Joel Pohio's Story

Joel Pohio's story

Stroke F.A.S.T. Campaign 2024



It's five years since the stroke that was to change Joel Pohio's life forever, and mum Lesley still vividly recalls her "sense of disbelief" at the news. 


"It was a real shock and surprise that it was a stroke he had suffered from. Because Joel at that stage was 38."

Lesley's grandfather had suffered a stroke in his mid-80s, but she never dreamed her son would experience the same fate at such a young age.

As for dad-of-four Joel, now 43, he remembers the moment of the stroke itself but - mercifully, he says - little after that.

"I was giving my youngest child, who was seven months old at the time, a shower before I went to work at about 6:30am in the morning. And when I got him out, the whole left side of my body wasn't responding to what I wanted it to do. I put him down onto the couch, and then I woke up - well, it felt like I woke up - on the ground and I wasn't sure what was going on."

"My arm wasn't moving or working. My speech was impaired. I related it to a sort of heart attack."

With Hearing Joel's slurred speech, his partner at the time came running out of the bedroom to find him lying on the ground, unable to get up. She called an ambulance straight away, and Joel was rushed to Auckland Hospital for a clot removal procedure.

"The next day I had to have an emergency surgery to remove part of my skull to allow the brain to swell. I'm lucky I don't remember all of this. I woke up in rehab where I had to learn to walk again."

Joel was in a wheelchair for almost two years, and he is still working on his recovery, involving occupational therapy, ongoing physiotherapy and what Lesley calls "an incredible amount of hard work."

"It's very slow and frustrating," admits Joel. "Because every stroke is different, some people can be back to walking within no time. But also, part of my recovery is taking time to appreciate the small things. Because I could have died, and you are not coming back from that, so it's put things into perspective."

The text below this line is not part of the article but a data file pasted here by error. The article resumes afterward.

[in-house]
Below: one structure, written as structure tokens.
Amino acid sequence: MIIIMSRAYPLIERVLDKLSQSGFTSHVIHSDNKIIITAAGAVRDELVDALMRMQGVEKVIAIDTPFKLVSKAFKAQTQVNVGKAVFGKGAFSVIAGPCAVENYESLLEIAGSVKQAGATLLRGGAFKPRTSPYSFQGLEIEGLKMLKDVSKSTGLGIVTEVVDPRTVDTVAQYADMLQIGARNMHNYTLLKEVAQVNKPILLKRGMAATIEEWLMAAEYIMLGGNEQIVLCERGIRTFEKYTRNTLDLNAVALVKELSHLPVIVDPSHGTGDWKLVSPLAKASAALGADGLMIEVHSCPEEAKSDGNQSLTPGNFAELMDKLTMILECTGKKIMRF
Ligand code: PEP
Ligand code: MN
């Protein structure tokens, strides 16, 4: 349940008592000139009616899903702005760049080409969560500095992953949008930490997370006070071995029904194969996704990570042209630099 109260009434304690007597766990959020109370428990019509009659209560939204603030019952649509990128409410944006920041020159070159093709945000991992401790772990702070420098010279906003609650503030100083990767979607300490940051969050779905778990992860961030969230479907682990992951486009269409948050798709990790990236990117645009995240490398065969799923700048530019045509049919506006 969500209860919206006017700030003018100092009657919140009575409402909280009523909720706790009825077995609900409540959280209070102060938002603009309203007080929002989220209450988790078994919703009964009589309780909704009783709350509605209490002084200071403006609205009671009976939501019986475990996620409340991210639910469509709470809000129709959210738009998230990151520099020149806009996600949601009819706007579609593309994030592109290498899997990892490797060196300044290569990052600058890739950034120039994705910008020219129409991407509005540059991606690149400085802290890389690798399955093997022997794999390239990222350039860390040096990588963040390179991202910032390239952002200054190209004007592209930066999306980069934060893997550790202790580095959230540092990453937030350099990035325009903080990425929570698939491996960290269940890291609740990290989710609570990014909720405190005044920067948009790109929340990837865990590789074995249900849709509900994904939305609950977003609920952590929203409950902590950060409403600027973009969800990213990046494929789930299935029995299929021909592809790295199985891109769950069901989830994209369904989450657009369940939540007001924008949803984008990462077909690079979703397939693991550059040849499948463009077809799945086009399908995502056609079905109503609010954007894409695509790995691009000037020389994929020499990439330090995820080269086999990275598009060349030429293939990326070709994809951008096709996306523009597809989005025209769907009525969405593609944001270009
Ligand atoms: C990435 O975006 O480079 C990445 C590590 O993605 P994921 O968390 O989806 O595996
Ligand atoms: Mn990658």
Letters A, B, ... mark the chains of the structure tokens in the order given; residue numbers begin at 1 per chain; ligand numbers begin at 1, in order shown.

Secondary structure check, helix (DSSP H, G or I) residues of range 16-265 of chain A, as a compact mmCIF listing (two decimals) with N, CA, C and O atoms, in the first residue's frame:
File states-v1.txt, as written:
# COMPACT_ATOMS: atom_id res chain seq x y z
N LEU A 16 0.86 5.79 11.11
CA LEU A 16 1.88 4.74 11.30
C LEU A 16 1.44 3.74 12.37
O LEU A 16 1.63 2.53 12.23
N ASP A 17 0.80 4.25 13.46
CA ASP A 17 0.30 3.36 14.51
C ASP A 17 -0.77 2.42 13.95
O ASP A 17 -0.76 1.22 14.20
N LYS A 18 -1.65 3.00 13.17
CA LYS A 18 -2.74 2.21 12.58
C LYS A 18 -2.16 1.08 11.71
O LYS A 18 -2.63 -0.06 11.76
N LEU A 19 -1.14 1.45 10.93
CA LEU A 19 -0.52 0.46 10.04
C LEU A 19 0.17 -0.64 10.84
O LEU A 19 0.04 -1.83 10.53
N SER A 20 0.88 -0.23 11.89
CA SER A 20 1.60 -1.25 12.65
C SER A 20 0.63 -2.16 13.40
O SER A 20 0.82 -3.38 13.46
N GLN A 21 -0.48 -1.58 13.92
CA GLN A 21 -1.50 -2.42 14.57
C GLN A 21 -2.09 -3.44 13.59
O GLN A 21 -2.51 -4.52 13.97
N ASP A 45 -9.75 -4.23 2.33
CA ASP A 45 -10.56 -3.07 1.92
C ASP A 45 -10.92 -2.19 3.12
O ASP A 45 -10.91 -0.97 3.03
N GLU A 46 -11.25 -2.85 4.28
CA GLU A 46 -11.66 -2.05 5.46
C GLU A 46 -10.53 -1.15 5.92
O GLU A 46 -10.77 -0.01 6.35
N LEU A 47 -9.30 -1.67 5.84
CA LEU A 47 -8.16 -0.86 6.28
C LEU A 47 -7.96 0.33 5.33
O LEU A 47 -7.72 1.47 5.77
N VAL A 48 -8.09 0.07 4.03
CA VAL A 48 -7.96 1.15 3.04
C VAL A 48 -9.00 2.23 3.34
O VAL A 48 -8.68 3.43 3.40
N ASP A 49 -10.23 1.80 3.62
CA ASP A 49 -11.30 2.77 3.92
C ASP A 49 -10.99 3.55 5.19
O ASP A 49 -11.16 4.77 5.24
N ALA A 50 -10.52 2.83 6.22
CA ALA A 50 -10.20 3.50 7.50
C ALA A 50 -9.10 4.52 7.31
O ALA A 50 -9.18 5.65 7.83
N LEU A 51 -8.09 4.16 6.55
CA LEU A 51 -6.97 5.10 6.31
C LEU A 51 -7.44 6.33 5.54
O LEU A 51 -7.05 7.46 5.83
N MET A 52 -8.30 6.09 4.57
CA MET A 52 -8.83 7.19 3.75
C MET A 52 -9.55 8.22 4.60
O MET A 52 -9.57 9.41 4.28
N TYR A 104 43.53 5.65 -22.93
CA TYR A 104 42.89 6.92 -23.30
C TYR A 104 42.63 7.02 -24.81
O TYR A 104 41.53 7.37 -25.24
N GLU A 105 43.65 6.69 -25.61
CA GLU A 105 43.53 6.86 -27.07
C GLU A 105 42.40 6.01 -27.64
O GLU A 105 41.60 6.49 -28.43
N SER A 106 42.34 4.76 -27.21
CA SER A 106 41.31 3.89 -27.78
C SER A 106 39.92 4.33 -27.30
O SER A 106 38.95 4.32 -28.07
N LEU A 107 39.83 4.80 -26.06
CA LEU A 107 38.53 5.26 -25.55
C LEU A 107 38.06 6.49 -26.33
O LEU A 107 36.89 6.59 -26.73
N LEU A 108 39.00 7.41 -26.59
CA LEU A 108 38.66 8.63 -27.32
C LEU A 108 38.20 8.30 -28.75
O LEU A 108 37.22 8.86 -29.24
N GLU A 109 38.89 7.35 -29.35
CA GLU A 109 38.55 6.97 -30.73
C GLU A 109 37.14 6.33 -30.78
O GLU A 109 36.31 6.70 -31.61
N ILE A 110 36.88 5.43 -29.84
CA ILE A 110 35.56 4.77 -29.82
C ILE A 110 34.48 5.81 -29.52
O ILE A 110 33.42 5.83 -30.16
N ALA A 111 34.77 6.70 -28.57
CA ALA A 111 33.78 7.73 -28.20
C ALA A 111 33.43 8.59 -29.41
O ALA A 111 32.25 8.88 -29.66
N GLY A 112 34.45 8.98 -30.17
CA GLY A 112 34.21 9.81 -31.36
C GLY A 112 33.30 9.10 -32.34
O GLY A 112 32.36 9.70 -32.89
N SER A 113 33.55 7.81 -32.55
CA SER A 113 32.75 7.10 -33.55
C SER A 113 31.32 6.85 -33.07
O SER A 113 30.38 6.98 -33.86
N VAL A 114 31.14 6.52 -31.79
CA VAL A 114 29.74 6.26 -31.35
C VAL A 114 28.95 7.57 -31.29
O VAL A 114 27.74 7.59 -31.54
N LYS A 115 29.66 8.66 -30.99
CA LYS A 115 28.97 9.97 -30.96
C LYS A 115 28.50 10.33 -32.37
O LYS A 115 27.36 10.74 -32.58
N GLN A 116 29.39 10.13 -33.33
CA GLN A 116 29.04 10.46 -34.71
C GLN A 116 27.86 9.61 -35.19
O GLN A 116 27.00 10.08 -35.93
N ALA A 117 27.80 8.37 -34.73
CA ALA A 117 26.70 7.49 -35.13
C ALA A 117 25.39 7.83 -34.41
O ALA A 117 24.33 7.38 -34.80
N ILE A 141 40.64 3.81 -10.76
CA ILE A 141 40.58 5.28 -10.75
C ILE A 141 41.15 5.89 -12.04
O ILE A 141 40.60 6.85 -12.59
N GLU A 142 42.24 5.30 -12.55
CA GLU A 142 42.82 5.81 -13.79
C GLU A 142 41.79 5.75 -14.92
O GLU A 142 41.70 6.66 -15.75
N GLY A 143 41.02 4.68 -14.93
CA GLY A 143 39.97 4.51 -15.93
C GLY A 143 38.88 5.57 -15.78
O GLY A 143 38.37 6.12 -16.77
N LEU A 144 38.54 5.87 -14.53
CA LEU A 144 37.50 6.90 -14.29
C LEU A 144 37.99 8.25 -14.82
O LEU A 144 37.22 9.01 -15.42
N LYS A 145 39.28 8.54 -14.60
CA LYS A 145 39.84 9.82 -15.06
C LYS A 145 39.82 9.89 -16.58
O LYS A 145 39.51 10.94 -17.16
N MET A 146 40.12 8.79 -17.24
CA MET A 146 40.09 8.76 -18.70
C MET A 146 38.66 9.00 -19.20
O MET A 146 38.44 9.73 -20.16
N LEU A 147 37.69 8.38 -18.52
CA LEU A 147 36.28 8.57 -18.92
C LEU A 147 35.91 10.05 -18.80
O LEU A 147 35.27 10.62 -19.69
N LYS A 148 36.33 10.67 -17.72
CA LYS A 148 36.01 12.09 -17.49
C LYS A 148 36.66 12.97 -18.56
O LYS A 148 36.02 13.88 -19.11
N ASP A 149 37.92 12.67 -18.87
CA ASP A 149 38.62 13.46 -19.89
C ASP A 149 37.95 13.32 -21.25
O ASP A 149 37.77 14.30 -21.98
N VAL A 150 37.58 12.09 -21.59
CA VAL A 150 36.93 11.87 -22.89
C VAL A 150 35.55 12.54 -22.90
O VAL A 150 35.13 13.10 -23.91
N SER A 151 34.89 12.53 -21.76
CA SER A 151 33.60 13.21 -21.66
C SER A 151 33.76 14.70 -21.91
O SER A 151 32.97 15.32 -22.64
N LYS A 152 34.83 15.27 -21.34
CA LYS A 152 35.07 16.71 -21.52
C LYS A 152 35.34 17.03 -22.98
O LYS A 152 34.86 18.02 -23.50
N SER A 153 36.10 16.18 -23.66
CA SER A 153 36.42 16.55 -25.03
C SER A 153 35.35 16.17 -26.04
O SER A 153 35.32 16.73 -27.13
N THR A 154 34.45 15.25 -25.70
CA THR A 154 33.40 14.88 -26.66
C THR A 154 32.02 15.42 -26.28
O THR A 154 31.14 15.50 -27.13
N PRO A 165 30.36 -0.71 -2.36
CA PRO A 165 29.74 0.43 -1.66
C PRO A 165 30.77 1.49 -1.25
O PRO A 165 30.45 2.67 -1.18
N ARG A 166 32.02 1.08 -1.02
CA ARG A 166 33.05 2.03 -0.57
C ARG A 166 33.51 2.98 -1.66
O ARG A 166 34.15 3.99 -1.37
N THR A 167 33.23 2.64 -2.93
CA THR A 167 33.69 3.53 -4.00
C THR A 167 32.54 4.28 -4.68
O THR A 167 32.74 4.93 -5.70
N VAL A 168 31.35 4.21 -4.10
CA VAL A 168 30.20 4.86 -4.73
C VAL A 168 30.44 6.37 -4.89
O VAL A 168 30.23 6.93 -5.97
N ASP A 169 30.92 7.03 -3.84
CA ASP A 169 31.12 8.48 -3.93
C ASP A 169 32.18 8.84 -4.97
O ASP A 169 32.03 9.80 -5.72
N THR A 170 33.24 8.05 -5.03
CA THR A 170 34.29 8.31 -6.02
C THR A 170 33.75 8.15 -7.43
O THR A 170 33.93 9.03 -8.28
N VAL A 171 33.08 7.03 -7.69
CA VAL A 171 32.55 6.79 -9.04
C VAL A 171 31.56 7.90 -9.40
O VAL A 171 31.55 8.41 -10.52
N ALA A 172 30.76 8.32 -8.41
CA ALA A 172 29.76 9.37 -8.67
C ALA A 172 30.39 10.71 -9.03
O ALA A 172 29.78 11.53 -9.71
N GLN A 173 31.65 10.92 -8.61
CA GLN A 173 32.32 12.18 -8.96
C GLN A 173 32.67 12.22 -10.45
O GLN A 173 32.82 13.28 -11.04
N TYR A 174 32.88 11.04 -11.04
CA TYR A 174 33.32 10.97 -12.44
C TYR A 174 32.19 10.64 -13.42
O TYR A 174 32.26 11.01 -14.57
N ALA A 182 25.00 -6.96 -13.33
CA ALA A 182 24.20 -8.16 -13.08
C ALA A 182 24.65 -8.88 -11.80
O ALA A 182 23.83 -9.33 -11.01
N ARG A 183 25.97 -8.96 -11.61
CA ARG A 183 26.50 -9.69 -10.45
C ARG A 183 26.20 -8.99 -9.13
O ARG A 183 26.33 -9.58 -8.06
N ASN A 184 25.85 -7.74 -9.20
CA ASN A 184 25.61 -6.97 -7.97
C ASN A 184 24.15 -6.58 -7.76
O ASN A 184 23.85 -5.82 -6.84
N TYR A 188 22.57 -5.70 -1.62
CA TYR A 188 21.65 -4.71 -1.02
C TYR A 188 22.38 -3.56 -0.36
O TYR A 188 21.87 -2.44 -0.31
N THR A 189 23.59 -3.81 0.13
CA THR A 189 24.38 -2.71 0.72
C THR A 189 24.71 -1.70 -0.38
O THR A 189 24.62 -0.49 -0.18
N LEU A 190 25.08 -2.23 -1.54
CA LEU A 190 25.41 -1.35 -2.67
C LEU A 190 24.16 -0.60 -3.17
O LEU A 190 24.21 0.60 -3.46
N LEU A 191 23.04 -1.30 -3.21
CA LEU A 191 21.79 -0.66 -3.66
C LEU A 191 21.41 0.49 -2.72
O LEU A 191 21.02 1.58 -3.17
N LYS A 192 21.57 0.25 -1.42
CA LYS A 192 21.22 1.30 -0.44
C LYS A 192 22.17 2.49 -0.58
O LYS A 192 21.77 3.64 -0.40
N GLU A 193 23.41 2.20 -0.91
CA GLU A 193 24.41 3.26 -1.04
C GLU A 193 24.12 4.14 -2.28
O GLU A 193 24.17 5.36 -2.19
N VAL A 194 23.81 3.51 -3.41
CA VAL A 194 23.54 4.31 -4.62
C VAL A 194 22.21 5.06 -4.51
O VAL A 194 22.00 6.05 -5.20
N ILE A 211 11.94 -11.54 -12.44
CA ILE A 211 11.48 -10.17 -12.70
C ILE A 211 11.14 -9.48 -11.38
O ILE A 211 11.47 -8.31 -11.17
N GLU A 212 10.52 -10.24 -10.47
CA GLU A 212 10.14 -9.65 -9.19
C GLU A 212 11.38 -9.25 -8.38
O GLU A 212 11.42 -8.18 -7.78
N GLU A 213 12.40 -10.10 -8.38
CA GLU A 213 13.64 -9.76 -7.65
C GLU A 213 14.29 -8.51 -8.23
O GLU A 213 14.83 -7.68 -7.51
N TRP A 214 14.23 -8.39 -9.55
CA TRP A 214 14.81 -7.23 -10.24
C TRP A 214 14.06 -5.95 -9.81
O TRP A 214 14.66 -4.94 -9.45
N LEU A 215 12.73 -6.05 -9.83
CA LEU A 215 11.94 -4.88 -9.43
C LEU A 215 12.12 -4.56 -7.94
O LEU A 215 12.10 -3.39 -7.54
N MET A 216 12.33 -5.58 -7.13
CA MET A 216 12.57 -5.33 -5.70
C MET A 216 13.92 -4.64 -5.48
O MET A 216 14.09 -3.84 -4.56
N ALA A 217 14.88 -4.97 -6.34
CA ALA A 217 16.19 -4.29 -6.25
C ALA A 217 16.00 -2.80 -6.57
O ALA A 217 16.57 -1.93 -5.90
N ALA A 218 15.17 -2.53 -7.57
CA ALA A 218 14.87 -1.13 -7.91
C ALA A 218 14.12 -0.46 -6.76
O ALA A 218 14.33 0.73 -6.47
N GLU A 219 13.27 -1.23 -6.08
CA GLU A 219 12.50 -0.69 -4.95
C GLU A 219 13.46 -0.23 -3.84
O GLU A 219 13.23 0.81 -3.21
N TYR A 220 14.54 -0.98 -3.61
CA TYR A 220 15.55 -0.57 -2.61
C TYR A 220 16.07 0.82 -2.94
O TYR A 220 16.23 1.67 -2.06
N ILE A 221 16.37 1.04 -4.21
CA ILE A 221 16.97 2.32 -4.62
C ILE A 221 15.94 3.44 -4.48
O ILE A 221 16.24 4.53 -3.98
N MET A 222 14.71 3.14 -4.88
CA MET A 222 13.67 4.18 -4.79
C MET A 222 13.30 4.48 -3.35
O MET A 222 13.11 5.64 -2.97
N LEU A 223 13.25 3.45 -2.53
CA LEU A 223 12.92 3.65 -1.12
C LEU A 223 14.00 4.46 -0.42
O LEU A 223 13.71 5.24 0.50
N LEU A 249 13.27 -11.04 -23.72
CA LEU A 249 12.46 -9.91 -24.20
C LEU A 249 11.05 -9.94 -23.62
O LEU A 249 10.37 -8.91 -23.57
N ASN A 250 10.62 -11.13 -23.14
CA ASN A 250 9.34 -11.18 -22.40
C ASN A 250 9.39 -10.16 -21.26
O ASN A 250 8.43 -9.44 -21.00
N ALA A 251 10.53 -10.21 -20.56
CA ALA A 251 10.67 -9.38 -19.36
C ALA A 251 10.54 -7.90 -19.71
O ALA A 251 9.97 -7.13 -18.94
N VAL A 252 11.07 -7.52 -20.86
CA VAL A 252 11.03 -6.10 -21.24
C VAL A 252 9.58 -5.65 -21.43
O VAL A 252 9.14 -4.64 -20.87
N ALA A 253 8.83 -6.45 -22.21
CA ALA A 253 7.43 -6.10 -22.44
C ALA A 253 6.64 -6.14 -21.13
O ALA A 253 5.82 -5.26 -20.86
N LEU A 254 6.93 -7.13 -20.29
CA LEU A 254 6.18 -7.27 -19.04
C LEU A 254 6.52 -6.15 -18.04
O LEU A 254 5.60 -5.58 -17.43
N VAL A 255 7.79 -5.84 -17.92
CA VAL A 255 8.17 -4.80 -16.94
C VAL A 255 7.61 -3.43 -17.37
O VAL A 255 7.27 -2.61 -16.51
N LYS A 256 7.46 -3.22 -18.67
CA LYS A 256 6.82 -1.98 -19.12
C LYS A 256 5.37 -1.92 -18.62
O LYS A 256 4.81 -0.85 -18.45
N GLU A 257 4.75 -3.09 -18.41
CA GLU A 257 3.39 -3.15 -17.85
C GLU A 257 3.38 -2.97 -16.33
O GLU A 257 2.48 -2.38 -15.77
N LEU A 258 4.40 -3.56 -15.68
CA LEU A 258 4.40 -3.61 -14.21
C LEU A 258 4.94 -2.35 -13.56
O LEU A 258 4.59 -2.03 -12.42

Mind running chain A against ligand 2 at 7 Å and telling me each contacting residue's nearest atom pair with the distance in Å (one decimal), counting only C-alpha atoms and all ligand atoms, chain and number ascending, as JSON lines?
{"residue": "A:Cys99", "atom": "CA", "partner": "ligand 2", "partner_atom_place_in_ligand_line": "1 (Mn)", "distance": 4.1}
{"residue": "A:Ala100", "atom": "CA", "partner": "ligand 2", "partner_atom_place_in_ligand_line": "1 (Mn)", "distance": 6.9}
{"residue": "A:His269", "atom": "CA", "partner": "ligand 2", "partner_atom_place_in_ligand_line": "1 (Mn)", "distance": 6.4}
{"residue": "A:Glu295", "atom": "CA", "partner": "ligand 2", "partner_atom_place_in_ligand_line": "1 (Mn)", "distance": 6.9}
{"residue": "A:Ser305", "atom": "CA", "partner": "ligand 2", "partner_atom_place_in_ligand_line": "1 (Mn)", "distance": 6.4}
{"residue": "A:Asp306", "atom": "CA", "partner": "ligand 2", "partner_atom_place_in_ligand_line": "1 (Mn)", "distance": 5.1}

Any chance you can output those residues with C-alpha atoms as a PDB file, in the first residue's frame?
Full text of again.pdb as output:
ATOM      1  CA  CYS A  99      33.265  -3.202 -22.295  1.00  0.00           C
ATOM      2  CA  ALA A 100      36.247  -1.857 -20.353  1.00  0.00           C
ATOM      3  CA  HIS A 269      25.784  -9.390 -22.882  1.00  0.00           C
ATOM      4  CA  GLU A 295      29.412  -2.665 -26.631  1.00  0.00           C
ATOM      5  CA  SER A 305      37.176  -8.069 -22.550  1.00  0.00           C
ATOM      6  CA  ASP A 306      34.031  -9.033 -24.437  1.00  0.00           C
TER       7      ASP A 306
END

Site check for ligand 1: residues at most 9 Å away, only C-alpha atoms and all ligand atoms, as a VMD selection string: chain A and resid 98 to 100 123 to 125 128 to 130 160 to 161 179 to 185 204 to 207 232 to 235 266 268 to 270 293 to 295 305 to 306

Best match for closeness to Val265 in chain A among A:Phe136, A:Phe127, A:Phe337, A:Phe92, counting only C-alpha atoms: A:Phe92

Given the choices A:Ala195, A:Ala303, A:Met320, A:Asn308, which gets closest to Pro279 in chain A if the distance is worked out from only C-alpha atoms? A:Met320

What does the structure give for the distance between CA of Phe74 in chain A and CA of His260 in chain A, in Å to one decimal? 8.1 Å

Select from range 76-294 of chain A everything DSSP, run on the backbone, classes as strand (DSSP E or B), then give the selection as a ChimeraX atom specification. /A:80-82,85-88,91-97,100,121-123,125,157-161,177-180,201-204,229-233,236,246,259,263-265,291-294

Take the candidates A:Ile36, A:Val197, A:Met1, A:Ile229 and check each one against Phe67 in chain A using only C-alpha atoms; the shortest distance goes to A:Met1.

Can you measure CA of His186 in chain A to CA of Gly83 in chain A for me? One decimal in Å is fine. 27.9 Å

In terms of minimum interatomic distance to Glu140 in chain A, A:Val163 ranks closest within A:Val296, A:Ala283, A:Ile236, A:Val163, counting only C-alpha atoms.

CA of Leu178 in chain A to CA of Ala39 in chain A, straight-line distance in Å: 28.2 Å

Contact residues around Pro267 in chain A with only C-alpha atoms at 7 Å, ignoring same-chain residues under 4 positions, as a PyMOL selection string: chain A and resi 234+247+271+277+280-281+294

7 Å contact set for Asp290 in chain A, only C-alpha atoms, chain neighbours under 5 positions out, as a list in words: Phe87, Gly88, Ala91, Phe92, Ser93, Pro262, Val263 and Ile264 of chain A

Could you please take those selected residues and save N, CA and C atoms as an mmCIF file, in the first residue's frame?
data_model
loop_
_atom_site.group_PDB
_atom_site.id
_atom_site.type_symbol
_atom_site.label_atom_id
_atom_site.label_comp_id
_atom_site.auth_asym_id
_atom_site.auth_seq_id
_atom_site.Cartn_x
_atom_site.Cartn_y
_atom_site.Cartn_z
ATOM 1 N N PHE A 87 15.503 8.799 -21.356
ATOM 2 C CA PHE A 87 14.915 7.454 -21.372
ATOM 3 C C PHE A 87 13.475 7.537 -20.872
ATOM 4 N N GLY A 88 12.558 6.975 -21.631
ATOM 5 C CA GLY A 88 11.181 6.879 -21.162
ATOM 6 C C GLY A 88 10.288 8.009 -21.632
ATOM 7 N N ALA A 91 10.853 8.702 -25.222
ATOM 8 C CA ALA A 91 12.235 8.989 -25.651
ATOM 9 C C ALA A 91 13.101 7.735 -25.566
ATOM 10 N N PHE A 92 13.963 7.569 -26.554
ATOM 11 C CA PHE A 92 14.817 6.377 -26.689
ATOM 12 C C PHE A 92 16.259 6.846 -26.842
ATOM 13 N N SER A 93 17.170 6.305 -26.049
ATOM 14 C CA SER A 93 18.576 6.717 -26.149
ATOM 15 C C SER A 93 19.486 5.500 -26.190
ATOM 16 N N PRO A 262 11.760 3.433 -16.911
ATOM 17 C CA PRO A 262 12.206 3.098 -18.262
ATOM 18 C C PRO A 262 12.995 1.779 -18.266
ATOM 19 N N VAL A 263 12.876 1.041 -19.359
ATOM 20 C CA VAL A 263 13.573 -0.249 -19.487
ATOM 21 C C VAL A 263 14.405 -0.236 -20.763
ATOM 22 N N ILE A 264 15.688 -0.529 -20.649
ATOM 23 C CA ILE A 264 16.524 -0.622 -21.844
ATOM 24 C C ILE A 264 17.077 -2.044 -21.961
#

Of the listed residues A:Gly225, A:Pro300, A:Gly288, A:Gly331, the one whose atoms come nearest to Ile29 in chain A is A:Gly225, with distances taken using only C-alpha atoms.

Between the onset of stroke and getting to hospital, one-third of the right side of Joel's brain had already died.

"A big thing is time. The effect of the stroke was killing my brain at a very fast speed. Now, reflecting back, the F.A.S.T. Face, Arm, Speech, Take Action - it saves lives."

Family support has been a crucial part of Joel's recovery - physical and mental.

"There's a lot of patience involved for both sides," he says. "It's not just the person who's had the stroke who has to adjust. It's the support group around you, family, to understand and realise that you are the same person but also that you are different."

Joel is also part of a support group who meet every second Friday to share their stories and help everyone through their recovery. 

"Having others who've been through something similar has been critical", says Lesley. "Because your whole life has changed. You really need to find these support networks to help you in your wellbeing, particularly your mental wellbeing." 

For Joel, a positive mindset is everything. He's not a fan of the phrase 'stroke victim', preferring 'stroke survivor'. 

"Because that's what it is - you are. You can't deny that. Because you are alive. We are alive...yes."


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